ICDDR,B operates a hospital in southwest Matlab that specializes in high-quality treatment of diarrheal diseases, respiratory infections, and maternal and child health. Treatment at the ICDDR,B is free for residents of Matlab, and free transportation to the hospital is available for residents who cannot afford travel. The laboratory diagnoses and treatment outcomes of patients are linked to their demographic and health records via the resident's identification number.

The health and demographic surveillance data collected by ICDDR,B is linked to the spatial locations of residence via a Geographic Information System (GIS). The latitude and longitude coordinates collected at the center of each bari are geocoded in the GIS, as are the coordinates of other geographic features, such as the ICDDR,B hospital. The location of features in the Matlab GIS are accurate within 10 meters [8]. The spatially-joined environmental and demographic surveillance data allows for the calculation of a variety of measures which are described in further detail below.

Multiple datasets were joined in the GIS for analysis. The first is a comprehensive global positioning systems (GPS) survey of tubewells conducted in Matlab in 2003 with hand-held receivers used for previous surveys [8]. This survey collected information on tubewell depth and arsenic level for all 10,942 tubewells in the study area. Each tubewell has a unique identification number that links it to a specific bari of ownership. For each bari we calculated the total number of available tubewells (see Figure 2) as well as an average depth statistic. The average depth statistic was chosen as an effect modifier to control for the possible confounding effects of tubewell depth on tubewell density. Approximately thirty percent of the baris in the Matlab study area do not have a privately owned tubewell; their water is drawn from public tubewells or from those belonging to neighboring baris. In such cases, their tubewell characteristics were assigned across the board as zero. This retention of baris without privately owned tubewells allows us to examine the effect of tubewell density on diarrheal events not only in baris with tubewells, but also among those who must either travel to a tubewell. Less convenient access to the main source of drinking water could potentially result in longer storage of drinking water within the home increasing, the likelihood of drinking water contamination if not stored properly, or increased use of surface water for convenience [7]. The distribution of mean tubewell depths in Matlab is seen in Figure 3.

Figure 2

Distribution of bari tubewell density in Matlab, 2002-2004. Nineteen baris in Matlab have eleven or more tubewells each, the maximum number of tubewells per bari is 21.

Figure 3

Distribution of mean tubewell depth in Matlab. Almost three thousand baris have no private tubewell, coded as zero. The majority of tubewells in Matlab are less than 250 feet deep.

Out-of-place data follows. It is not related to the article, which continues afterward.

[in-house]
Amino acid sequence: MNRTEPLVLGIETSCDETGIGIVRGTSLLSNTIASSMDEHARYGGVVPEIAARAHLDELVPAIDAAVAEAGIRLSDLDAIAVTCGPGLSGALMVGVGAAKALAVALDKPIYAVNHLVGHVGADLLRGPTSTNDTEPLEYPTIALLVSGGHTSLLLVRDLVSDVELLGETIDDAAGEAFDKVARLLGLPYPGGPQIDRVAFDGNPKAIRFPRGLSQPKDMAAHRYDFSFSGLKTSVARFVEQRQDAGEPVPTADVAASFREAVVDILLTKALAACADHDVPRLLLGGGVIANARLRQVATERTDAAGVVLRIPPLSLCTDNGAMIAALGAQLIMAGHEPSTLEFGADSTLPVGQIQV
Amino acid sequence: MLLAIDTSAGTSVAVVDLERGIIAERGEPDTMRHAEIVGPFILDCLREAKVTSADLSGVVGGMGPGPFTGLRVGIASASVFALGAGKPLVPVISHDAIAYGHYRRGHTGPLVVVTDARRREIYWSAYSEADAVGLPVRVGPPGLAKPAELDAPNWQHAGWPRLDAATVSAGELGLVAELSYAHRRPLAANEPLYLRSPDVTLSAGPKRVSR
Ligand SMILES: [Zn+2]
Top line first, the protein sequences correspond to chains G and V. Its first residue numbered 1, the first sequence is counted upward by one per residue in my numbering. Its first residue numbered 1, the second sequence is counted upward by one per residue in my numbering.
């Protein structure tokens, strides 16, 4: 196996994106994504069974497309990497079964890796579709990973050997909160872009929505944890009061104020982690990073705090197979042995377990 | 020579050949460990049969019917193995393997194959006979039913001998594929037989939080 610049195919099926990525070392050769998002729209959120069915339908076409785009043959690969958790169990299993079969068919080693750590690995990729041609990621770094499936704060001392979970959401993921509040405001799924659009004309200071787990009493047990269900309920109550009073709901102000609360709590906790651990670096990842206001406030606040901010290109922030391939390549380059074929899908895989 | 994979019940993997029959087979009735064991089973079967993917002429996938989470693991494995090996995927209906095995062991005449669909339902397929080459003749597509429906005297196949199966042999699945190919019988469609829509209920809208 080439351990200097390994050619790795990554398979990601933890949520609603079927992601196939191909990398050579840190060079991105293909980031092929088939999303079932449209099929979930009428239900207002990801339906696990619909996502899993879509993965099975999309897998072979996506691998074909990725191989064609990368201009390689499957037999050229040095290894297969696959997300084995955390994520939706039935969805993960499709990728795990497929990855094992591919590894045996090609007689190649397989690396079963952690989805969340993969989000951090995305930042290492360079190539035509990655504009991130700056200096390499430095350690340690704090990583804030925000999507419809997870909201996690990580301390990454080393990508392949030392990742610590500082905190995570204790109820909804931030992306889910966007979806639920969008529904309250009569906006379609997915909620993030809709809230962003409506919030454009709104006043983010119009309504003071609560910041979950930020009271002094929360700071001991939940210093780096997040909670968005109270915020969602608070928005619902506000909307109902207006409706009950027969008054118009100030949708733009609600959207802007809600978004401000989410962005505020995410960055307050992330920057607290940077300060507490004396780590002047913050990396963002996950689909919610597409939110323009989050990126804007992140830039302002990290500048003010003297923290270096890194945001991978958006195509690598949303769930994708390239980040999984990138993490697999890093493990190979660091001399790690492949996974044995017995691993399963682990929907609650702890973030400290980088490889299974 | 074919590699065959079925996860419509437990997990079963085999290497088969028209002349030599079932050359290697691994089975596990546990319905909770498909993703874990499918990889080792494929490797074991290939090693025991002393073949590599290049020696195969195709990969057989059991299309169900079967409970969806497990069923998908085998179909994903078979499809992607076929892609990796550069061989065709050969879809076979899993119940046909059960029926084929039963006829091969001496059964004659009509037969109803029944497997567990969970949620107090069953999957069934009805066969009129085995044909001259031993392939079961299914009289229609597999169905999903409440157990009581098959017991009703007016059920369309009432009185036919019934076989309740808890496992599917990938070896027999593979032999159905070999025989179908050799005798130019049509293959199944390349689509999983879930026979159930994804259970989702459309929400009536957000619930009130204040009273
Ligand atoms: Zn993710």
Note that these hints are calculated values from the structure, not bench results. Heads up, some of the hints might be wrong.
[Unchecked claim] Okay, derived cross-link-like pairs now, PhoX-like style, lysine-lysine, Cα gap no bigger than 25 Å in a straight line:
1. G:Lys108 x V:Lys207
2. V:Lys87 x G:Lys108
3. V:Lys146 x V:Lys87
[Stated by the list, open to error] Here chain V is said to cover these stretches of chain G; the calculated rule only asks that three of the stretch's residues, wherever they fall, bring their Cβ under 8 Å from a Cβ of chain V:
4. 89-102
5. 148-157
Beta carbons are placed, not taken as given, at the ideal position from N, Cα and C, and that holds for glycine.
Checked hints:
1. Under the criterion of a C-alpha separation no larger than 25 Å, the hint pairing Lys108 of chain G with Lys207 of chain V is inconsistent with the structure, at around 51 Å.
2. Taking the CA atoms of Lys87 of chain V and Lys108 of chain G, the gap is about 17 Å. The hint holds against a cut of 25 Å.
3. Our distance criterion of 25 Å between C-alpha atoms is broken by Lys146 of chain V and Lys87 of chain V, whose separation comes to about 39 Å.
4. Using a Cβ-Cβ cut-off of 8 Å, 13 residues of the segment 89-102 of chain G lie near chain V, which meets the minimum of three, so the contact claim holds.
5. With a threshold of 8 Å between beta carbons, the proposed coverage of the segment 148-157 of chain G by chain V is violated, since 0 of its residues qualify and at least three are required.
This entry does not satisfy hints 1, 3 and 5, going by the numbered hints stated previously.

All laboratory-confirmed cholera and shigellosis cases reported at the ICDDR,B hospital were aggregated by bari for the period January 1, 2002 to December 31, 2004. These years were chosen to extend one year before and one year following the tubewell GPS survey in 2003, to avoid misrepresenting tubewell density prior to the survey, and to avoid confounding by the mass installation of deep tubewells by non-governmental organizations (NGOs) in Matlab in 2005. From 2002 to 2004 there were 645 cholera cases and 527 shigellosis cases in Matlab (annual and spatial distributions are seen in Figures 4 and 5, annual incidence rates in Table 1). The total at-risk population for each bari was calculated by summing the mid-year background population counts for 2002 to 2004. Mid-year background populations are derived from the Matlab DSS and account for changes to a bari's population due to births, deaths and migrations. Population data gathered by ICDDR,B represents a census of all residents in any given year, and is made possible by the monthly visits of the community health workers to each bari.

Figure 4

Annual distribution of cholera and shigellosis, 2002-2004, in Matlab.

Figure 5

Spatial distribution of non-zero cholera and shigellosis counts by bari in Matlab, aggregated from 2002-2004.

Table 1 Annual incidence rates (per 1000 people) for cholera and shigellosis in Matlab, Bangladesh, 2002-2004

The ICDDR,B Matlab hospital is not located in the geographic center of the study area, and varying distance decay effects on patients seeking treatment have been recorded [913]. Information regarding residents seeking treatment outside of the study area is currently unavailable. To account for this influence of distance from household to hospital on reporting of cholera and shigellosis, we calculated in the GIS the distance from each bari to the ICDDR,B hospital and controlled for it in our models. Straight-line Euclidean distance between baris and the hospital was calculated, given that residents of Matlab make use of both road and river networks to travel to the hospital. Because no specific route was known for individual baris, a universal distance metric was chosen.

GWR analysis